This column started out as a eulogy — marking the anticipated end for a long-time friend. But, even as the grave was being readied, word came that my friend was showing signs of a remarkable recovery.
Who is this friend? How did things get so dire? And what’s behind the potential recovery? Read on…
The story begins decades ago, as unboxed my first SLR (single lens reflex) camera: an Olympus OM-1. It was a big step up from the point-and-shoot cameras I had been using. For the first time, whatever I saw in the camera’s viewfinder was the same thing the lens was seeing. Further, I could adjust f-stops, shutter speeds, white balance, and much more. And, perhaps most critically, I could swap lenses.
Not wasting any time, I purchased my first accessory lens the same day I bought the camera: a 28-150mm zoom lens. With it mounted, I could easily shift from a decent wide-angle shot to 3X telephoto. Yes, the lens was bulkier than the standard 50mm one that came with the camera, but it was worth the bulk. By far, the most useful aspect of the zoom lens was its telephoto range. Until then, the most common frustration I had when taking photos was an inability to get close enough to the subject. Instead of capturing that gorgeous bird I saw in a nearby tree, all I got was a photo of a tree, albeit one that contained a barely perceptible blob of color that I presumed was the bird. A telephoto zoom lens changed all that. It not only got me closer but allowed me to experiment for the exact optimal magnification, without having to keep changing my position. Fantastic!
Flash forward to today. The telephoto lens is on its deathbed, as are zoom lenses in general. Hold on. Before you jump in to contradict me, allow me to elaborate.
Yes, there are still SLR cameras (now digital) that offer the same options as my old Olympus. But, back in the “old days,” every budding amateur photographer bought an SLR. These days, they are primarily the domain of the most serious hobbyists and professionals. Far fewer people use them.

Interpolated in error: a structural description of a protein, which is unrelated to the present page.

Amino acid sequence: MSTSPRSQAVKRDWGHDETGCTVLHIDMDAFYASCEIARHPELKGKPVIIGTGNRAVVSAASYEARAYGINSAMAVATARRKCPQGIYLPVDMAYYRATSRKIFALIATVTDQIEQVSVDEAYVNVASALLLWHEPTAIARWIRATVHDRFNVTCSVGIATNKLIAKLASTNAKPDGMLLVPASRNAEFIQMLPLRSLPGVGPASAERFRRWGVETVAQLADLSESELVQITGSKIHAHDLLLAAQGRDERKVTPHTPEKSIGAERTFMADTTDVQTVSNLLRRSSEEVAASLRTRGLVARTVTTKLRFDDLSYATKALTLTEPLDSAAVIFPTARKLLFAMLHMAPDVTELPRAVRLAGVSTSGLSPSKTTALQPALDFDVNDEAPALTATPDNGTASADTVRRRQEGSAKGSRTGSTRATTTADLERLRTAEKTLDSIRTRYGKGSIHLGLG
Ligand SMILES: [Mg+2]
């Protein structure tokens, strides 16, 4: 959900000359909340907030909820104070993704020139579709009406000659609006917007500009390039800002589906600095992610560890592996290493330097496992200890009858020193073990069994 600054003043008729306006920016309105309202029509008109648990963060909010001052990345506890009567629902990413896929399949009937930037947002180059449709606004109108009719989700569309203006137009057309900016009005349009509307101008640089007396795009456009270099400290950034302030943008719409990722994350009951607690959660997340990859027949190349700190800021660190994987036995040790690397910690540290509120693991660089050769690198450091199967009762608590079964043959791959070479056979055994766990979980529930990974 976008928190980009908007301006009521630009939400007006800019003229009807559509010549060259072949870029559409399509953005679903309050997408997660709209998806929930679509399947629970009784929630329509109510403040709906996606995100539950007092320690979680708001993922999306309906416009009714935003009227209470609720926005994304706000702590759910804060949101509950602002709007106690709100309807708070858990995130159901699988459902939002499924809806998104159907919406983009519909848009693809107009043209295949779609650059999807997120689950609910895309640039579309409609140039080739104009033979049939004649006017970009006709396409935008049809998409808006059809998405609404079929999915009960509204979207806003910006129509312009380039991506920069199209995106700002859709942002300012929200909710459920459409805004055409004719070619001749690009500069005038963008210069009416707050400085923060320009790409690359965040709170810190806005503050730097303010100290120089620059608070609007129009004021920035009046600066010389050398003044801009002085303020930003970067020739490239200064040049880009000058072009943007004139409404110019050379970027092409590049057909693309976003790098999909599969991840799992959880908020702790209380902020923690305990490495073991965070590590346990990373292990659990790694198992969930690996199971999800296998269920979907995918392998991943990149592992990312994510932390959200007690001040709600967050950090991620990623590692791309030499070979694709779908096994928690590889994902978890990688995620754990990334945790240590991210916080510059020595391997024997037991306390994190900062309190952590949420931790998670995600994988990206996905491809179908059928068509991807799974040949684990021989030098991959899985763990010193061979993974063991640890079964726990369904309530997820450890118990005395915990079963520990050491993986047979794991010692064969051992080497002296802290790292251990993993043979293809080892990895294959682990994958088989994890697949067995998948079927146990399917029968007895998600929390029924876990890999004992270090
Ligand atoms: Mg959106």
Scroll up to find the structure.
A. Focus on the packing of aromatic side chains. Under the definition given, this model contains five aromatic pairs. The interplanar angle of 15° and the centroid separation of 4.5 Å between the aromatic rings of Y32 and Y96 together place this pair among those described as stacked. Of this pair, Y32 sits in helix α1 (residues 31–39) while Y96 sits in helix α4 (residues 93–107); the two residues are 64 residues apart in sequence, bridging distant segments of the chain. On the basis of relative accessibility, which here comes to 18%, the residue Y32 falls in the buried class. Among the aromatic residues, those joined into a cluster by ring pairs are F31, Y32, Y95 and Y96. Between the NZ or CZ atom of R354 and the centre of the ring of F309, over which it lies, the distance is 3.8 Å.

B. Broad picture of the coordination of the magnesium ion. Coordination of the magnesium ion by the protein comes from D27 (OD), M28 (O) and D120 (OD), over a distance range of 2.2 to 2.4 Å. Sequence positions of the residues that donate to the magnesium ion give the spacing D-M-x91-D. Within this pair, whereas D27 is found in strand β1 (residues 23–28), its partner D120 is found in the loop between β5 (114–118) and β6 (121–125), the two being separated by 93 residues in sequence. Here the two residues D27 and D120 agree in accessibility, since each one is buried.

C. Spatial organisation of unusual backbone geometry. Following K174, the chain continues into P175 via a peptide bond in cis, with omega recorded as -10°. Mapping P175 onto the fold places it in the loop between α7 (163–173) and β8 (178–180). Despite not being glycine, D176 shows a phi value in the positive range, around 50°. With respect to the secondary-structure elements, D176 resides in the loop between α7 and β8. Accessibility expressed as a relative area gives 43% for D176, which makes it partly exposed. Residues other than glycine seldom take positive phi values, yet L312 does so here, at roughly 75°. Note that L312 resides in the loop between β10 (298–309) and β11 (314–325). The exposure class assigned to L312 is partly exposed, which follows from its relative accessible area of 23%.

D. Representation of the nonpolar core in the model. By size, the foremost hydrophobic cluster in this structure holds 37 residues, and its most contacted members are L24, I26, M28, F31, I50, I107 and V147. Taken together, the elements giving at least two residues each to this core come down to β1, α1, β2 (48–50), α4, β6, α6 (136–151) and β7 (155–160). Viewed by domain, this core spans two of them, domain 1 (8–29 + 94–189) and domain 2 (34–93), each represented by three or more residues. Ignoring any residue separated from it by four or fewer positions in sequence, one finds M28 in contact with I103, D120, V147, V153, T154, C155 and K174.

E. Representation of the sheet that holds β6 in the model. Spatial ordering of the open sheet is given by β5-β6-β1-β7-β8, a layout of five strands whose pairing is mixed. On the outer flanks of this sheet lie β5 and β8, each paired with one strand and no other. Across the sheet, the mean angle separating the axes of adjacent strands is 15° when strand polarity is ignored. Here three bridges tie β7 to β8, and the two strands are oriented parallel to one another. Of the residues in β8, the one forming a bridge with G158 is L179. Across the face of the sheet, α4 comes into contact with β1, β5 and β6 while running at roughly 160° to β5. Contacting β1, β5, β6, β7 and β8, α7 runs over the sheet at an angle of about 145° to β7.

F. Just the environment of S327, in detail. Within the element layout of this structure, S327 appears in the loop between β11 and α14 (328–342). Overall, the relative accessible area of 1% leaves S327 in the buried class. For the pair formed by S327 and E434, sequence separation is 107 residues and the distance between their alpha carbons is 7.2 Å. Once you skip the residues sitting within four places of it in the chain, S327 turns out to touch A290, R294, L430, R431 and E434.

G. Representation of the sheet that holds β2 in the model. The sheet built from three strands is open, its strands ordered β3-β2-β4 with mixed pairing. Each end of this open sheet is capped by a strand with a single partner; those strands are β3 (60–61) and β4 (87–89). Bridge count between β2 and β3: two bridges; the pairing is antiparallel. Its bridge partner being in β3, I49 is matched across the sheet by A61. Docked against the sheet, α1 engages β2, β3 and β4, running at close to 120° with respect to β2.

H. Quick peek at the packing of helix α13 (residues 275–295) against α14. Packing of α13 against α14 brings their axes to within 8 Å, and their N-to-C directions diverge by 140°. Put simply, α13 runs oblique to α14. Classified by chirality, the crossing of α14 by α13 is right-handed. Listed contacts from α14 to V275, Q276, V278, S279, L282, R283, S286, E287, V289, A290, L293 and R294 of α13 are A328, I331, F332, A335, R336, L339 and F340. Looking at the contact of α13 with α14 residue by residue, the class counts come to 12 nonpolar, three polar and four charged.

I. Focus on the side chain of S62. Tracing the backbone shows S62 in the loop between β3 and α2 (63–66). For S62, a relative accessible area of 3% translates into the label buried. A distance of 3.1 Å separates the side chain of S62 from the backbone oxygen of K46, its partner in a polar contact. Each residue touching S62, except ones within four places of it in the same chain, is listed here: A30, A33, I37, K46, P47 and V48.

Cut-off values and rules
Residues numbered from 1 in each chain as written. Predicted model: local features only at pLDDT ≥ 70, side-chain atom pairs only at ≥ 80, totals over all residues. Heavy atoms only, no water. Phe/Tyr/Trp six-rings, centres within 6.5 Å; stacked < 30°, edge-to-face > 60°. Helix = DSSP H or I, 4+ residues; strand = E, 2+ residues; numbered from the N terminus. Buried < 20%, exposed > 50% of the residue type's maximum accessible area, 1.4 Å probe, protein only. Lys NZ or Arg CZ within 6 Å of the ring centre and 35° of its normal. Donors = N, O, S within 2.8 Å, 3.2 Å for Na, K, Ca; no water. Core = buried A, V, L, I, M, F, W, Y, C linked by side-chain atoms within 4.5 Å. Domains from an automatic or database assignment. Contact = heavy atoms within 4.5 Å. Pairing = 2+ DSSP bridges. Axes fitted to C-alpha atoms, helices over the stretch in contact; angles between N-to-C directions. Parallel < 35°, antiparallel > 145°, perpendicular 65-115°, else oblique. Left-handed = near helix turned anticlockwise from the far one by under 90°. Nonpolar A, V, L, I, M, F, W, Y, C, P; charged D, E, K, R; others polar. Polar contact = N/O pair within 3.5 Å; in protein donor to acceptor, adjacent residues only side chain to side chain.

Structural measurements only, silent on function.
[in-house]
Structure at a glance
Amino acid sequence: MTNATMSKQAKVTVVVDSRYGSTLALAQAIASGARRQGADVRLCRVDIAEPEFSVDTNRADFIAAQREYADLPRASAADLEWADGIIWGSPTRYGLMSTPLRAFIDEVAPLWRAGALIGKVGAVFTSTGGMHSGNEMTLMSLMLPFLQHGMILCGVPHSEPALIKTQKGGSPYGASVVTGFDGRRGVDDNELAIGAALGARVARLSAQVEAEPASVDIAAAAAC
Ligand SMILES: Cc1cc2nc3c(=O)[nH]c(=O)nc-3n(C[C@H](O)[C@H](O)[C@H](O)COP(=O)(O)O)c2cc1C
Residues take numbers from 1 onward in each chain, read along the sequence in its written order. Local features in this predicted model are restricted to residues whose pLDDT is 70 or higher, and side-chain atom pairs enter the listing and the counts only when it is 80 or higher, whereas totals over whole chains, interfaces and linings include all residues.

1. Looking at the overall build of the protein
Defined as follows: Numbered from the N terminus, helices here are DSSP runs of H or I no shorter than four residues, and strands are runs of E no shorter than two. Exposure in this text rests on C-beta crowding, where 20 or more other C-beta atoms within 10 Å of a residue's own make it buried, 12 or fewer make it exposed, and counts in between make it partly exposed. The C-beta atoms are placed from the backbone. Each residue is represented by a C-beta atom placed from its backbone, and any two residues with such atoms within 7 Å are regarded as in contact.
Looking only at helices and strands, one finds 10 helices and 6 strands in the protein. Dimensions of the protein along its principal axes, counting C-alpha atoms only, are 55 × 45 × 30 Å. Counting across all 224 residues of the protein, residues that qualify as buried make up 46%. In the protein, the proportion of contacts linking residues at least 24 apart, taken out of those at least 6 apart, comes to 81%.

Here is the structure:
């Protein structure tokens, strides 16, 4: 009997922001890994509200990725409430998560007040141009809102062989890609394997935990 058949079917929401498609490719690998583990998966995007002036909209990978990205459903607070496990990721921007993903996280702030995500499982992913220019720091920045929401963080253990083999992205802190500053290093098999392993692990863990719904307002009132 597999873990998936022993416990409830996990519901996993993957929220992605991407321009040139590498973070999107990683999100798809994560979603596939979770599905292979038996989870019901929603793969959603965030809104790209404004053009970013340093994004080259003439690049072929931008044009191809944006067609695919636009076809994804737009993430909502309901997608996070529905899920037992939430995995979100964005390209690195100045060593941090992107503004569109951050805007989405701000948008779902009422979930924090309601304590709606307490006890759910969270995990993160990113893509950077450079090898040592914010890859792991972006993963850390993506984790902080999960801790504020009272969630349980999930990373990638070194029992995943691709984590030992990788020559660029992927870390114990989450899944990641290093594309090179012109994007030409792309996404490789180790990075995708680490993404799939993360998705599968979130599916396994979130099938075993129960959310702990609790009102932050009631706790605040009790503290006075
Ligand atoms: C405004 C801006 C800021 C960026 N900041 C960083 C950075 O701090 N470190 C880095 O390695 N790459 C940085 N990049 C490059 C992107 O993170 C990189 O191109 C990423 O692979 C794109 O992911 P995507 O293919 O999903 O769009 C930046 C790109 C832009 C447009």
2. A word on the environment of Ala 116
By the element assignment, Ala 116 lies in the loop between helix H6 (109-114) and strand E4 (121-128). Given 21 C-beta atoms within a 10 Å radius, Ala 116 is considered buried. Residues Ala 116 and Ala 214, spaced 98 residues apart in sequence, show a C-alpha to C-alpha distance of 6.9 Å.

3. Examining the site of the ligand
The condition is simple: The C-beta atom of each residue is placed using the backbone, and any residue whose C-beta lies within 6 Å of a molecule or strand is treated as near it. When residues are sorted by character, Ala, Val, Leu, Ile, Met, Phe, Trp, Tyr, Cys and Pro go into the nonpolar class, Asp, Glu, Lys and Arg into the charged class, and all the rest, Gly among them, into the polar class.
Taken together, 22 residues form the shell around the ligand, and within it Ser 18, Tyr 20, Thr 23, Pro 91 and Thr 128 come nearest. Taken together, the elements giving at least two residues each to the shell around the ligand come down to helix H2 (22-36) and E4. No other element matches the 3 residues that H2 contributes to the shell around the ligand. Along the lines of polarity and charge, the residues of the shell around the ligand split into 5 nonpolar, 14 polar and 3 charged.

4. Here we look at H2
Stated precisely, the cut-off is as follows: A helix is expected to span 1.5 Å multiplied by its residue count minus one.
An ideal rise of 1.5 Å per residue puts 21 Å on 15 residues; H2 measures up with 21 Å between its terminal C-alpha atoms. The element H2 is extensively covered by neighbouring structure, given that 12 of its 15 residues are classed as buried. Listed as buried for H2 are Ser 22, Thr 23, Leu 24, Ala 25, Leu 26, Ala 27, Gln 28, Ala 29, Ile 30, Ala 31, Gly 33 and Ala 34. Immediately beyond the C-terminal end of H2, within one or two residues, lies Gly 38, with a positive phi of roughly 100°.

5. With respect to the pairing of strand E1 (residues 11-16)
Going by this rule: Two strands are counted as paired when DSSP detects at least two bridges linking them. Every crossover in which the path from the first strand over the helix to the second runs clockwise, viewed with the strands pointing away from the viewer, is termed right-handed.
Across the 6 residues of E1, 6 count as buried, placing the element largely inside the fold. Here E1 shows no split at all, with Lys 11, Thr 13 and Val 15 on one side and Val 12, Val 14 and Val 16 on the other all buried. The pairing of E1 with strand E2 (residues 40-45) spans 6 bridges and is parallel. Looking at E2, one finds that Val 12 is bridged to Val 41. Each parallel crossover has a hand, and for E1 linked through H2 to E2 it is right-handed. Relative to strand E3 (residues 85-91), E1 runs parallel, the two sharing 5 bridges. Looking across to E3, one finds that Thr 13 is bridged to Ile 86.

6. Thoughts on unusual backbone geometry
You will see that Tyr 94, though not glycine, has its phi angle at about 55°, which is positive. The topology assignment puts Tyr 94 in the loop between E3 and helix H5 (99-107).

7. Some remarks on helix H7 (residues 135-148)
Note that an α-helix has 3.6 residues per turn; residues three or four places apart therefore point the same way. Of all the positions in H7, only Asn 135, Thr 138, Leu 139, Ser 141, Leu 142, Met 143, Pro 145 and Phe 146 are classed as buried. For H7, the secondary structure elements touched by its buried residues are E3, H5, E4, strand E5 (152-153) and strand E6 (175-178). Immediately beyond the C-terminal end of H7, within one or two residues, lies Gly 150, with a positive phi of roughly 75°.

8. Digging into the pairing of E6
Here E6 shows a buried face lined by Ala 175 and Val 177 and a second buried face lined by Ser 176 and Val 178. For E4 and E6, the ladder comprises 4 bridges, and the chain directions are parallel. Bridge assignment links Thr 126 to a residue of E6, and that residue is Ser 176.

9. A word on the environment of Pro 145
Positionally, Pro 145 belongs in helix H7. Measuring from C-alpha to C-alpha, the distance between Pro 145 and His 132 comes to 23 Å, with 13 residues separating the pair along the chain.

It’s also true that a zoom capability remains in today’s consumer-focused compact fixed-lens cameras. In fact, the capabilities here are incredible. My wife, for example, owns a Canon SX700. This pocket-sized camera has a 30X zoom lens — and yet the entire camera is smaller and lighter than the 3X zoom lens alone for my old Olympus! Even so, sales of these cameras are also in a steady decline.
So what are people using to take photos these days? Their smartphones of course. Recent studies have estimated that well over 90% of the photos taken today are taken with smartphones. The trouble is that smartphones, including the iPhone, have no telephoto or optical zoom options. You can buy an add-on lens to get a 2X zoom; but it’s not practical; the lenses are too much trouble for too little gain. Very few people go this route.
My wife and I fit the typical demographic. Most of the time, our Canon sits on a shelf. The only time it gets any use is when we anticipate that a telephoto capability will be critical. And sometimes not even then. That’s because our iPhone 6 and 6S take photos (and video) that equal or exceed the quality of the Canon — at least to our eyes. Further, the iPhone is far superior to the Canon for any sort of media sharing. And we always have our iPhones with us, even if we have no intent to use a camera. If we don’t expect to need a telephoto lens, there’s no reason to carry around an extra piece of equipment.
So, here I am, decades later, back to the same inability to get an unplanned shot of that bird up a tree. Ironic. Most of the time, I’m okay with this. It’s the sort of trade-off that often comes with technological advances. You lose something worthwhile from the “good old days” in order to get a myriad of desirable new features that were unimaginable years ago.
Overall, if telephoto/zoom lenses were animals, they would be on the endangered species list. It was thinking about this that led me to pen my intended eulogy. Except a funny thing happened. The telephoto/zoom lens may not be as near death as I anticipated. The latest rumors (which seem increasingly solid) suggest that Apple is preparing a dual-lens version of the iPhone 7 Plus (due out this fall) — a set-up that would include a true optical zoom. At last! Other rumors indicate that single-lens zoom technologies may be arriving in Apple’s more distant future.
For now, if the iPhone 7 Plus camera turns out to be as good as the rumors suggest, it will be a happy day for me. It will also assuredly hasten the demise of most, if not all, consumer stand-alone cameras. Perhaps there’s a eulogy to write after all.